Nzinga Shaw, SVP, Community and Chief Diversity & Inclusion Officer, Atlanta Hawks & Philips Arena
Nzinga Shaw is the first person to ever hold her position at the NBA. She has designed a strategic, cross-departmental program that creates deeper cultural awareness and sensitivity for the league. Nzinga is building a foundation that will advance the Atlanta Hawks & Philips Arena brand and drive the business. This initiative extends to fans, customers, community partners, as well as the entire workforce. Prior, Nzinga was SVP, Diversity & Inclusion Officer at Edelman, the world’s largest and most profitable public relations agency. She has also served at Essence Magazine, the Yankees Entertainment & Sports Network, and the National Football League.
What would you say is your biggest career failure?
My biggest career failure was allowing my boss to define my value and tell me what I would not be able to achieve. I was a Vice President of Human Resources and expressed interest in taking on a more defined role to spearhead diversity & inclusion (D&I) within our department. After spending weeks on creating a strategic plan for the ways that this role could benefit our organization, I presented my case to my boss who at the time was Executive Director of Human Resources. She immediately said, “Are you serious? Do you think that you can be a Chief Diversity Officer if I am not a Chief HR Officer? You will never have the title ‘Chief.’” Over time, I assumed the responsibilities of the job, but I never received the job title and I was not compensated for the additional work.
What is your biggest lesson learned?
Years later, I left the company to become the first ever Chief Diversity & Inclusion Officer in the National Basketball Association (NBA) with the Atlanta Hawks. This is a tremendous achievement because I am the first person to hold this C-Level position in the entire NBA and for all North American professional sports leagues and teams including the NFL, NHL, MLB and MLS. As an African American woman who landed this groundbreaking role at the age of 35, I have established myself as a thought-leader in the D&I space at a time when it is critically important in sports organizations and corporate America (more broadly). I was instrumental in leading the Atlanta Hawks out of a public crisis which involved the release of emails and phone recordings of the previous controlling owner and general manager disparaging their African American fan base. Because of my leadership, the NBA hired a league-wide Chief Diversity and Inclusion Officer whose been working directly with me to establish D&I jobs at all 30 teams.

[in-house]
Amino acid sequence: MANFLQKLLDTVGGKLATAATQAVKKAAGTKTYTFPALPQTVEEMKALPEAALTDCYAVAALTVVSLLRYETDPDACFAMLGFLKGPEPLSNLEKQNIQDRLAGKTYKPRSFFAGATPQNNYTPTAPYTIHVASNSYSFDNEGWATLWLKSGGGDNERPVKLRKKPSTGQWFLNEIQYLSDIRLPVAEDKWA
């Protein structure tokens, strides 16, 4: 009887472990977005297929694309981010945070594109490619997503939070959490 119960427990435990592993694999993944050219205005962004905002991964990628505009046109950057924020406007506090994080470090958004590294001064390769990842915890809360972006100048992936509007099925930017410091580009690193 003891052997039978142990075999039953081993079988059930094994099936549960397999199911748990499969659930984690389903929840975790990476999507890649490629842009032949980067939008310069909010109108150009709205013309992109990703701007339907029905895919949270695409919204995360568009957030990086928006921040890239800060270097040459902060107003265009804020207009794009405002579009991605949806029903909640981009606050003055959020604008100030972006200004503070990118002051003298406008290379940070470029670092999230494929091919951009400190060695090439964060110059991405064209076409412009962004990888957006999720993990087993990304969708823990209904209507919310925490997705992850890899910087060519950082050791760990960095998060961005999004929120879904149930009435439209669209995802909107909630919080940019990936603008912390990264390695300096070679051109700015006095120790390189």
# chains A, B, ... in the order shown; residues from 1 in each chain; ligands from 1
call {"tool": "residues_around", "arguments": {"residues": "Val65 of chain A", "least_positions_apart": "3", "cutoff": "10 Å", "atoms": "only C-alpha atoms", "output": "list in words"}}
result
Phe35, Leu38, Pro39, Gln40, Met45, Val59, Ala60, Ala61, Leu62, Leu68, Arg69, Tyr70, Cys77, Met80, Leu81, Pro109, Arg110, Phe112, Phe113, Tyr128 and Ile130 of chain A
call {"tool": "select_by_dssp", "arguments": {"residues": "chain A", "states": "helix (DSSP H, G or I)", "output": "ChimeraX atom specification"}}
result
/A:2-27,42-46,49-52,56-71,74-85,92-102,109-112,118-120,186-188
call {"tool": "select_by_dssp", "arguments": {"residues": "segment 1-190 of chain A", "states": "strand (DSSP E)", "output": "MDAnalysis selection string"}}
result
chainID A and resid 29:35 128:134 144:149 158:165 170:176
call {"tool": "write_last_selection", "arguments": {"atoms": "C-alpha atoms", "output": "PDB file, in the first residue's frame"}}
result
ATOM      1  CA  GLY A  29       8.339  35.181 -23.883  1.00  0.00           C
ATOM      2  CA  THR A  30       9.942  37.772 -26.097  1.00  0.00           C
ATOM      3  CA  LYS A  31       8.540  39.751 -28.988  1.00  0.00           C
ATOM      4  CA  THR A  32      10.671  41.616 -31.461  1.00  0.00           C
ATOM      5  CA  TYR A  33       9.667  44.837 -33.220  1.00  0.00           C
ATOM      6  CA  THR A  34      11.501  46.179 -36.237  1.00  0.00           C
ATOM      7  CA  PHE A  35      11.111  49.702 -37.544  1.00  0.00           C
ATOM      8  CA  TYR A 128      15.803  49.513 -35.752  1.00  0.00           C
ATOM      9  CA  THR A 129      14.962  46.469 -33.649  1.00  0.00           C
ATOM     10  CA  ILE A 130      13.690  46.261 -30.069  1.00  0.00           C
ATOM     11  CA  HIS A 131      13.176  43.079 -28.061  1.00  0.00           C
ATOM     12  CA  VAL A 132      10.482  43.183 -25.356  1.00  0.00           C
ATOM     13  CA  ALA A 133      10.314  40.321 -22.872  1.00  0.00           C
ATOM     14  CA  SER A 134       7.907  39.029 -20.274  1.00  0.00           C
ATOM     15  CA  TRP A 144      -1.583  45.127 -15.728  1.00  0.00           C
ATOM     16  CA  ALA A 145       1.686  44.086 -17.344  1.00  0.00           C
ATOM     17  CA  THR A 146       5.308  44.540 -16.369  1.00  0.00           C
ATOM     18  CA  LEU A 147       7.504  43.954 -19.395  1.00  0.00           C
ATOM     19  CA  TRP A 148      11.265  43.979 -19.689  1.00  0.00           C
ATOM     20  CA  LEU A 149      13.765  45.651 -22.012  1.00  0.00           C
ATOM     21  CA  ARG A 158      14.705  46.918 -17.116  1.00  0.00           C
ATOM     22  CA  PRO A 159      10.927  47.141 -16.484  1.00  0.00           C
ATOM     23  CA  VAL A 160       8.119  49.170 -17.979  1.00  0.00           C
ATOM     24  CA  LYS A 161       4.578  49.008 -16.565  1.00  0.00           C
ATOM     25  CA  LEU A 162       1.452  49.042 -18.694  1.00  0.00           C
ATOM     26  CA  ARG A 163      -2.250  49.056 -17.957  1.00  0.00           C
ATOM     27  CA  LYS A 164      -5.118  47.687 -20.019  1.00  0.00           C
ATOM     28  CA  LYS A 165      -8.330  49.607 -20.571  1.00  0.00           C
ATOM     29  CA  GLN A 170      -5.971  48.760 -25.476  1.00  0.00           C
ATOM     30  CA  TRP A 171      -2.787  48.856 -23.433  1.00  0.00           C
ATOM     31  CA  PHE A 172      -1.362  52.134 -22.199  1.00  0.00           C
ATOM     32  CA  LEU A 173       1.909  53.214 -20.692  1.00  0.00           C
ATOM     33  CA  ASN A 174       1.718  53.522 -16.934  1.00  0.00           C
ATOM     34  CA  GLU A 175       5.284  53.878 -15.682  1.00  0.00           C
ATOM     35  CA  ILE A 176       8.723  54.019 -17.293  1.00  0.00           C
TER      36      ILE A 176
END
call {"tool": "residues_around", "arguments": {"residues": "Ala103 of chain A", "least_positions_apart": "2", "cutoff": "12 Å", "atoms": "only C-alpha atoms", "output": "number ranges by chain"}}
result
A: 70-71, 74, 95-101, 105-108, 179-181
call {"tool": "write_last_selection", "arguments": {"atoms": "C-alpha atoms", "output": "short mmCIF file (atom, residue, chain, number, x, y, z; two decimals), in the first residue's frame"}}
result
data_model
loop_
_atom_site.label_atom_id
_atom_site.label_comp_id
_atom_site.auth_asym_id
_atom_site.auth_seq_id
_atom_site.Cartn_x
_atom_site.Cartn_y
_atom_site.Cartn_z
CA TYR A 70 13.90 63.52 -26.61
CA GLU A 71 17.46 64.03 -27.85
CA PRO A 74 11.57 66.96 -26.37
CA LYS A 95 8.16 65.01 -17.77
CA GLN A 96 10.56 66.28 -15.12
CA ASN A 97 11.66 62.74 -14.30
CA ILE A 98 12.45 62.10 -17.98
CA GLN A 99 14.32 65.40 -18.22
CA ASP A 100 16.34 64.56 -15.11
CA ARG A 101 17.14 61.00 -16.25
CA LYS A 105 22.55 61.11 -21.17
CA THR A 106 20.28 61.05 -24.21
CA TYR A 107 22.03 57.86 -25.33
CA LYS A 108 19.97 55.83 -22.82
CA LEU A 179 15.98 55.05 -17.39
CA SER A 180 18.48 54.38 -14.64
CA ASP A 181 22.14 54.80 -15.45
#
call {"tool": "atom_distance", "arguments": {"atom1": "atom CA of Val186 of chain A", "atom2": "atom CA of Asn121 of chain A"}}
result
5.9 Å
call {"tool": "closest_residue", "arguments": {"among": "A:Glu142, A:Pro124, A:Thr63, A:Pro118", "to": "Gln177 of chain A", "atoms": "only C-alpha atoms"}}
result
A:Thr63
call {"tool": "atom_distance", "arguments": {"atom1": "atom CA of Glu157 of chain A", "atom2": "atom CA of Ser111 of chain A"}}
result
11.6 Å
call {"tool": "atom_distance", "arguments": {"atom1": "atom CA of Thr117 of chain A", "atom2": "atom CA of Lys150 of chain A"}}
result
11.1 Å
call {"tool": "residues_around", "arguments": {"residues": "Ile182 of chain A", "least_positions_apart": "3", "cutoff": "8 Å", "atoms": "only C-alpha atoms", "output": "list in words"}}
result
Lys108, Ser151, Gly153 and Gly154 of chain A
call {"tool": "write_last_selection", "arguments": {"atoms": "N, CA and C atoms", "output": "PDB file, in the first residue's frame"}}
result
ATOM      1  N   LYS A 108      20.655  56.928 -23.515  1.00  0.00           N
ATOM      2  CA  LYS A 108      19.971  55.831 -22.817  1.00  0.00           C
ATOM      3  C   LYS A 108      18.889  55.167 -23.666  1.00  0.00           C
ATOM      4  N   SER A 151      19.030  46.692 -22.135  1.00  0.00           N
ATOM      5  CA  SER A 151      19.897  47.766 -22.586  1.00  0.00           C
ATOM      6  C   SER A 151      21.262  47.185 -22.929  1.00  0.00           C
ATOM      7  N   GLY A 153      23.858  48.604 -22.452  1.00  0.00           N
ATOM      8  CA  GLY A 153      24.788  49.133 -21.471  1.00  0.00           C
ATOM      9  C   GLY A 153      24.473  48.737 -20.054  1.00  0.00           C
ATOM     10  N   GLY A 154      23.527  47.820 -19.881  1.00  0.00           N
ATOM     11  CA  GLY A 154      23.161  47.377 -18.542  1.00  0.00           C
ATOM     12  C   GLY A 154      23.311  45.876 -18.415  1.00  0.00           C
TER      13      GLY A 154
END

I have learned that I am more than capable of taking on a role in the C-suite and that you cannot allow people to project their insecurities and fears in a way that spill over into your life. If you have the potential and ability to achieve your dreams, then pursue them and don’t stop no matter who tells you that you will not get there.
What advice would you give others?
My mom used to say, “Experience is the best teacher.” I wholeheartedly agree and have used the art of storytelling with my colleagues in the hopes that they will be able to take away important nuggets from me and apply these lessons to their own experiences. Rather than preaching to someone, people always remember a story that has a powerful takeaway.
What fuels your career success?
Passion for D&I coupled with the desire to see real change in corporate America fuels me and my success. My grandmother had a 3rd grade education and cleaned white people’s homes for her entire life. She made large sacrifices for our family so that one day, I could hold a C-suite position and be the change that she wanted to see in the world.
Culled from Essence